May 14th, 2013
Boy is this a belated post. The deadline for this challenge was February 11. That’s MONTHS ago. Oops. But here it is in the spirit of better late than never (when you try to juggle as many things as I do, this becomes one of your favorite phrases)…
I made a early-mid-19th century shift exactly by the book. That is, following the directions in the Workwoman’s Guide (1838) to the letter. I mostly used the written directions and measurement charts, but it’s nice to have illustrations for reference as well, like plate 6, shown here. Don’t worry if you can’t find the illustrations when you read the Guide on Google Books — they’re all at the end.
After a little hesitating, I decided to break into my stash of NYC linen. I selected a piece with a fairly loose weave — not at all historically accurate, especially since the warp is made of much tinier threads, throwing the balance completely off. But it seemed like the best approximation of the “stout linen” recommended for shifts “for poor children.” (I realize that makes no sense at the moment, but I’ll explain what I’m working on eventually.)
The fabric was 60 inches wide, give or take a few after I shrunk it twice, so I was able to cut it in half and scrape out enough to make two shifts in the “first size” (aka smallest) with a single length. I cut it “to a thread,” which is the laborious process of pulling out a thread and cutting along the empty line to make sure you stay on grain — alas, linen cannot be torn like cotton. Then folded my length of fabric at the shoulder and basted up the selvedges so they’d stay together as I cut off the gores (see figure 1).
I was reminded how tricky gussets can be when you’re sewing and felling. I’ll admit here that I completely messed up the first sleeve. A quick refresher from a selection of mid-19th century sewing manuals helped me get the second sleeve nearly perfect.
Once I’d cut out all the pieces — which was pretty easy since they were just rectangles — it went together very quickly. The edges were simply hemmed, with the exception of the neckline, which got double-turned and sewn for extra strength.
I forced myself to mark the shift at the back neckline with red embroidery thread. Workwoman’s Guide doesn’t mention ink in its section on marking, so I gritted my teeth and made with the magnifying glass. I opted for only my initials since using the current year would look funny, and it didn’t feel right to lie about the year either. I mean, with all that hand-sewing and accurate construction, it might get mistaken for an antique, right?
I was a little nervous about making the smallest size. I mean, I may be fairly trim for a 21st, century person, but I’m also half a foot taller than the average woman of 1850 and probably have a bigger — or at least longer — bone structure overall. I did end up adding 4 inches to the length, figuring that’s about how much extra length is in the part of my body covered by the shift. To my surprise, the shift is actually quite roomy. With the exception of the sleeves, which JUST fit my not-particularly-muscular upper arms.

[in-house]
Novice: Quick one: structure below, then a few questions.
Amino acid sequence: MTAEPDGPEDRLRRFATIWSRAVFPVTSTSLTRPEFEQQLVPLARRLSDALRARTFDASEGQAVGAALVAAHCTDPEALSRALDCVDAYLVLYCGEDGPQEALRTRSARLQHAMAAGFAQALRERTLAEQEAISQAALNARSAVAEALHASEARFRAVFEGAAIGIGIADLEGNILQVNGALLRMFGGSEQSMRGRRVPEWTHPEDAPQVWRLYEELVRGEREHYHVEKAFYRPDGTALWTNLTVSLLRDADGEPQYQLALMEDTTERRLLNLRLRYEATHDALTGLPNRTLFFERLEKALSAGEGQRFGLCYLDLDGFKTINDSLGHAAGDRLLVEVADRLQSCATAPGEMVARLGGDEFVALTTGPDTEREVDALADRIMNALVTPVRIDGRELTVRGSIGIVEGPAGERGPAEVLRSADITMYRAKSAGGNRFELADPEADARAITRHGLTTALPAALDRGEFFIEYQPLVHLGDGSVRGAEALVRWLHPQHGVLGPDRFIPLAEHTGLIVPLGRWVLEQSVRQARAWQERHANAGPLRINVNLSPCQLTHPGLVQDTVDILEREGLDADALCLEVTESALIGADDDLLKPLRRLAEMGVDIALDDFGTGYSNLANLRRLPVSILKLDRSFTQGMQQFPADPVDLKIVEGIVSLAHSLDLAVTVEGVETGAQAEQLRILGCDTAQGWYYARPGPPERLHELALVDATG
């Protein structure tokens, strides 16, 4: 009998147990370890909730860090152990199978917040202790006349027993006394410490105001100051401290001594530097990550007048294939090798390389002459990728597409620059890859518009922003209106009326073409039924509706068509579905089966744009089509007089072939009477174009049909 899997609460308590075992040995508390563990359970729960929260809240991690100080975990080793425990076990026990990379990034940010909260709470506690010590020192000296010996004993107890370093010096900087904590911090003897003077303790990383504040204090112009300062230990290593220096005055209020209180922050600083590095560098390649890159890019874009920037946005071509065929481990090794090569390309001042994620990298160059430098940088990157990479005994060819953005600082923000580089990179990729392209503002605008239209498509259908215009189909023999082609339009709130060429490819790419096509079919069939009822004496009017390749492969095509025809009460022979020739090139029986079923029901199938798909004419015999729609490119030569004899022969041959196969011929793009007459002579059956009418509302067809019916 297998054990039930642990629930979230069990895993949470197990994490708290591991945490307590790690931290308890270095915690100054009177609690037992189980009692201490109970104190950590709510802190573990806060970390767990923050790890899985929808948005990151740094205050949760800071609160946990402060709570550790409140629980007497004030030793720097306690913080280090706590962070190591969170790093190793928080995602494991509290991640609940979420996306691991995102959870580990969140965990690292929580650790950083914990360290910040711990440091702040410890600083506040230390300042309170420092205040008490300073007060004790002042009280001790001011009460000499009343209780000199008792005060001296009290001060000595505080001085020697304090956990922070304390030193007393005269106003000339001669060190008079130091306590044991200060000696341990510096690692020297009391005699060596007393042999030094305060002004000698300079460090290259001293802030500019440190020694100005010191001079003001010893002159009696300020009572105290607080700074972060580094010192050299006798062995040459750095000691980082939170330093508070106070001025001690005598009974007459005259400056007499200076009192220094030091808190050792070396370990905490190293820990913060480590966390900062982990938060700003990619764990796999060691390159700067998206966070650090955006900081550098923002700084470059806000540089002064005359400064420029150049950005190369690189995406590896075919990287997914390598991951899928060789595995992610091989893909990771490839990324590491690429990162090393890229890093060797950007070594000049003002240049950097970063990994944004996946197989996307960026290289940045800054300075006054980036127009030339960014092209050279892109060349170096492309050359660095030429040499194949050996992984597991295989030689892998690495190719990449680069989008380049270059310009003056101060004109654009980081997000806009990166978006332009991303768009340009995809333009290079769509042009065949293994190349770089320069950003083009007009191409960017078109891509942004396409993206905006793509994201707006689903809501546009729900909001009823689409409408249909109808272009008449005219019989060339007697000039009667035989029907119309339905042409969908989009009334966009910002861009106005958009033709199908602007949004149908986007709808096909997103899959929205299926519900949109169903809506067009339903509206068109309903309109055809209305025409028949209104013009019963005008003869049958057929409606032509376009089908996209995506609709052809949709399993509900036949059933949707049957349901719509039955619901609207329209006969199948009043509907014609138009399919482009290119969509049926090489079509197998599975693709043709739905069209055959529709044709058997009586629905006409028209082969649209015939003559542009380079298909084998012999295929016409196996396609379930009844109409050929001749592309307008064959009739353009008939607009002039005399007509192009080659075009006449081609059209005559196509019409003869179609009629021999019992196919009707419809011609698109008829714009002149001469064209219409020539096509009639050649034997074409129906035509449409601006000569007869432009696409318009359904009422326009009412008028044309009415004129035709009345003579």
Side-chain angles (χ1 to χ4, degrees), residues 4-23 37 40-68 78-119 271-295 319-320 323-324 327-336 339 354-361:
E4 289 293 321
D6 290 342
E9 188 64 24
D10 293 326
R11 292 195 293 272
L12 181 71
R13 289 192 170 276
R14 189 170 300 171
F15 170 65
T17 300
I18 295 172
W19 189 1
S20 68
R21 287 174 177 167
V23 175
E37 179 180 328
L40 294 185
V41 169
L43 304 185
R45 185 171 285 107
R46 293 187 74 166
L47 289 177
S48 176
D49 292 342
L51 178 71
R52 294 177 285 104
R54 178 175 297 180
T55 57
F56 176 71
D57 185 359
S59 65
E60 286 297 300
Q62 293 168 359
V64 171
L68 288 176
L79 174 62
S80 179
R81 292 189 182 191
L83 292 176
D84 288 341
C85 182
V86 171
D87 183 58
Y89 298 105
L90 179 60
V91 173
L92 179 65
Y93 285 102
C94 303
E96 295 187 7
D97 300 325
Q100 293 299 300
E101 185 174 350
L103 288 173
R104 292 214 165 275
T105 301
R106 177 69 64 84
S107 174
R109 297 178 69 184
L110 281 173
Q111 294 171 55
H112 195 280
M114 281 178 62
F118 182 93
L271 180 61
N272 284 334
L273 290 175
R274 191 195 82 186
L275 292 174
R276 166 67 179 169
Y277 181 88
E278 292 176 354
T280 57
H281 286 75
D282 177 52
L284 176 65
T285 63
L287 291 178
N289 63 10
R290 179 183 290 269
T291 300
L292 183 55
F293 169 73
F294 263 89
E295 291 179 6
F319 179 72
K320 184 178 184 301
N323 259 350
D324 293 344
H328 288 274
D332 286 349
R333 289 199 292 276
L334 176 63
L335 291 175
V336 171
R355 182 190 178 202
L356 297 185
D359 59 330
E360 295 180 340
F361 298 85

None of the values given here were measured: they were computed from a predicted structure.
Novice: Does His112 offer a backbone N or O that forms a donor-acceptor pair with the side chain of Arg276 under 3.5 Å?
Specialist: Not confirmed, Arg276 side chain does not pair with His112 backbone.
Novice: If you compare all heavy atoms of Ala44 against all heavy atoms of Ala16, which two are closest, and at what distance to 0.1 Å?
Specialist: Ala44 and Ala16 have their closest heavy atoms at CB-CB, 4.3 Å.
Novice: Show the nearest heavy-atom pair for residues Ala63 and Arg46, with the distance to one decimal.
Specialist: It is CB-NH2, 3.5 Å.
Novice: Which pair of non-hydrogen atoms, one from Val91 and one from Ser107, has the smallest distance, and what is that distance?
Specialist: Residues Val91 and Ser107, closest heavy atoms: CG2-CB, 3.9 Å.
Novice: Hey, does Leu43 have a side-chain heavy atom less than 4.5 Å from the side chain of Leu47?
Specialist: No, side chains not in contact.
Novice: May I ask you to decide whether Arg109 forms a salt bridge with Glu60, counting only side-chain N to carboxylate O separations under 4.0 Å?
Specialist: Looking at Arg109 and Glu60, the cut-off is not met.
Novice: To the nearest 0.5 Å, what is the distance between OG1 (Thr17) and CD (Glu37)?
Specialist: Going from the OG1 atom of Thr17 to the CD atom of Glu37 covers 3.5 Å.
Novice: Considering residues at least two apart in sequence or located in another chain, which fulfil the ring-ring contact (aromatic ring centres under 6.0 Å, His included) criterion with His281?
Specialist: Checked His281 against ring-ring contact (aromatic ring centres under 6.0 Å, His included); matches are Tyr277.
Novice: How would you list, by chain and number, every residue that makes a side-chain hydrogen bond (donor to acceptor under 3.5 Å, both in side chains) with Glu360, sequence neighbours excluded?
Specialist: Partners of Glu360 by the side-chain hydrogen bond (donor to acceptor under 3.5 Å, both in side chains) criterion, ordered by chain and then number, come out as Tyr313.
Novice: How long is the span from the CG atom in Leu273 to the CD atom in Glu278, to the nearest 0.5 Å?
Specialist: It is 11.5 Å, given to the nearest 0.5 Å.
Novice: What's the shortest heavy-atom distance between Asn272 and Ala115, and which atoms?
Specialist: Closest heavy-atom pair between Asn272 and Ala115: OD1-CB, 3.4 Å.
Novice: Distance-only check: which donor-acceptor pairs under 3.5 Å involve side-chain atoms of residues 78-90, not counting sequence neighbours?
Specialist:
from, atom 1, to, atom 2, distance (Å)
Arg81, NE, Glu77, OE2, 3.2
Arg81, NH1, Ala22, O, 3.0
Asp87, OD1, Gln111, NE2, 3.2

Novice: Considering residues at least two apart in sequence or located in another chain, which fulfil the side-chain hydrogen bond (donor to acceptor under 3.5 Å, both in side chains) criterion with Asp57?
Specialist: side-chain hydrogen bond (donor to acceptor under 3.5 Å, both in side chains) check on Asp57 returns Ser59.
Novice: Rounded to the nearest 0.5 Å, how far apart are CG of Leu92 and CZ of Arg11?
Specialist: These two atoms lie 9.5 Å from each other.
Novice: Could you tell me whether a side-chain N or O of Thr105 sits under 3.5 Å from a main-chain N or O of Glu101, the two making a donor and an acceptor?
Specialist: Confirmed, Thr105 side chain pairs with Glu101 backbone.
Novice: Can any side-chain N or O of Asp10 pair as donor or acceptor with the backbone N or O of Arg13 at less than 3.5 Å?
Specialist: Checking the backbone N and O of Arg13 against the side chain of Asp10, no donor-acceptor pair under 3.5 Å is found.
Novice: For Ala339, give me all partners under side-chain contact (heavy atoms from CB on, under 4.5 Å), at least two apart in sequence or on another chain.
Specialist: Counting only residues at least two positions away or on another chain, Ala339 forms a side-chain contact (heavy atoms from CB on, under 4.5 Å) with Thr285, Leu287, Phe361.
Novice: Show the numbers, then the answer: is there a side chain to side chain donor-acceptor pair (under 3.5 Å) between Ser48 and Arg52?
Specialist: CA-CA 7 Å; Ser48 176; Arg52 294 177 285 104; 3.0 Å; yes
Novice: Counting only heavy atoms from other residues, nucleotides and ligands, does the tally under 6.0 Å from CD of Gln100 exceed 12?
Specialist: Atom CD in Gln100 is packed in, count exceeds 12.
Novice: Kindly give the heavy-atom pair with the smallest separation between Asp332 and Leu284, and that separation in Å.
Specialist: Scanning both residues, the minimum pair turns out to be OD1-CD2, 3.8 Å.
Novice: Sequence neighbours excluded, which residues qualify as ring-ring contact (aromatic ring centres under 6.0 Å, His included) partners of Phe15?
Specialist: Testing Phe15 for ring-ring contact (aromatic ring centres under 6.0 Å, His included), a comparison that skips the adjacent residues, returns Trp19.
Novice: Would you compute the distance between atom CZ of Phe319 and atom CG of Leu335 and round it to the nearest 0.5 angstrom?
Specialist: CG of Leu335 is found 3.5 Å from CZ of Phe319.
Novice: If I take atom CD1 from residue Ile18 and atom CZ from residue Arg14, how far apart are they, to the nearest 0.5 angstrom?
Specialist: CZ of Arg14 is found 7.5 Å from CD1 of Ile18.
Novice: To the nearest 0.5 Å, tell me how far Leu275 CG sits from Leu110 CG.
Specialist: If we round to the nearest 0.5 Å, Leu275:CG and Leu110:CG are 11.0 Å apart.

The neckline is especially large. At first I thought I’d made a mistake. But my measurements were perfect. And then I thought there might be a drawstring coming later on in the directions. But nix on that as well. So I am left with three possibilities.
- Women in the mid-19th century were universally better endowed than myself (which isn’t surprising considering what I’ve noticed in the early 21st century).
- They made all their clothes really big because repeated washday boilings were bound to shrink them considerably.
- It’s time to reevaluate the way I interpret “fit” of historic undergarments.
Number 3, while it may seem unlikely, and definitely involves eating at least a sliver of humble pie, does fit with my experience recreating the Regency apron-front dress from Janet Arnold’s Patterns of Fashion I. It’s also supported by some of the paintings I’ve been working from for my latest project. And here I thought the artists were being salacious by portraying women with their shifts falling off their shoulders. But maybe they just slipped on their own…
Just the facts, Ma’am: Workwoman’s Guide Shift
The Challenge: #3: Under It All
Fabric: 60″ wide hopelessly modern linen with an unbalanced weave
Pattern: From the written directions and diagrams in the Workwoman’s Guide, 1838
Year: 1838 (this shape remains accurate through the mid 1850s)
Notions: 100% cotton thread, red cotton embroidery floss
How historically accurate is it? I’ll give it 95%. It’s entirely hand-sewn according to mid-19th century plain sewing directions, with attention to specific techniques for shift necklines and gussets from the Workwoman’s Guide and other sources. The construction is as accurate as possible given the width and weave of the modern fabric I had to work with. Because of the fabric, I had to sew and fell the gores onto the bottom of the shift body, whereas if I’d been using proper fabric, I would have sewn them selvedge to selvedge. This time I broke out my 100% cotton thread, along with the beeswax and lots of extra patience.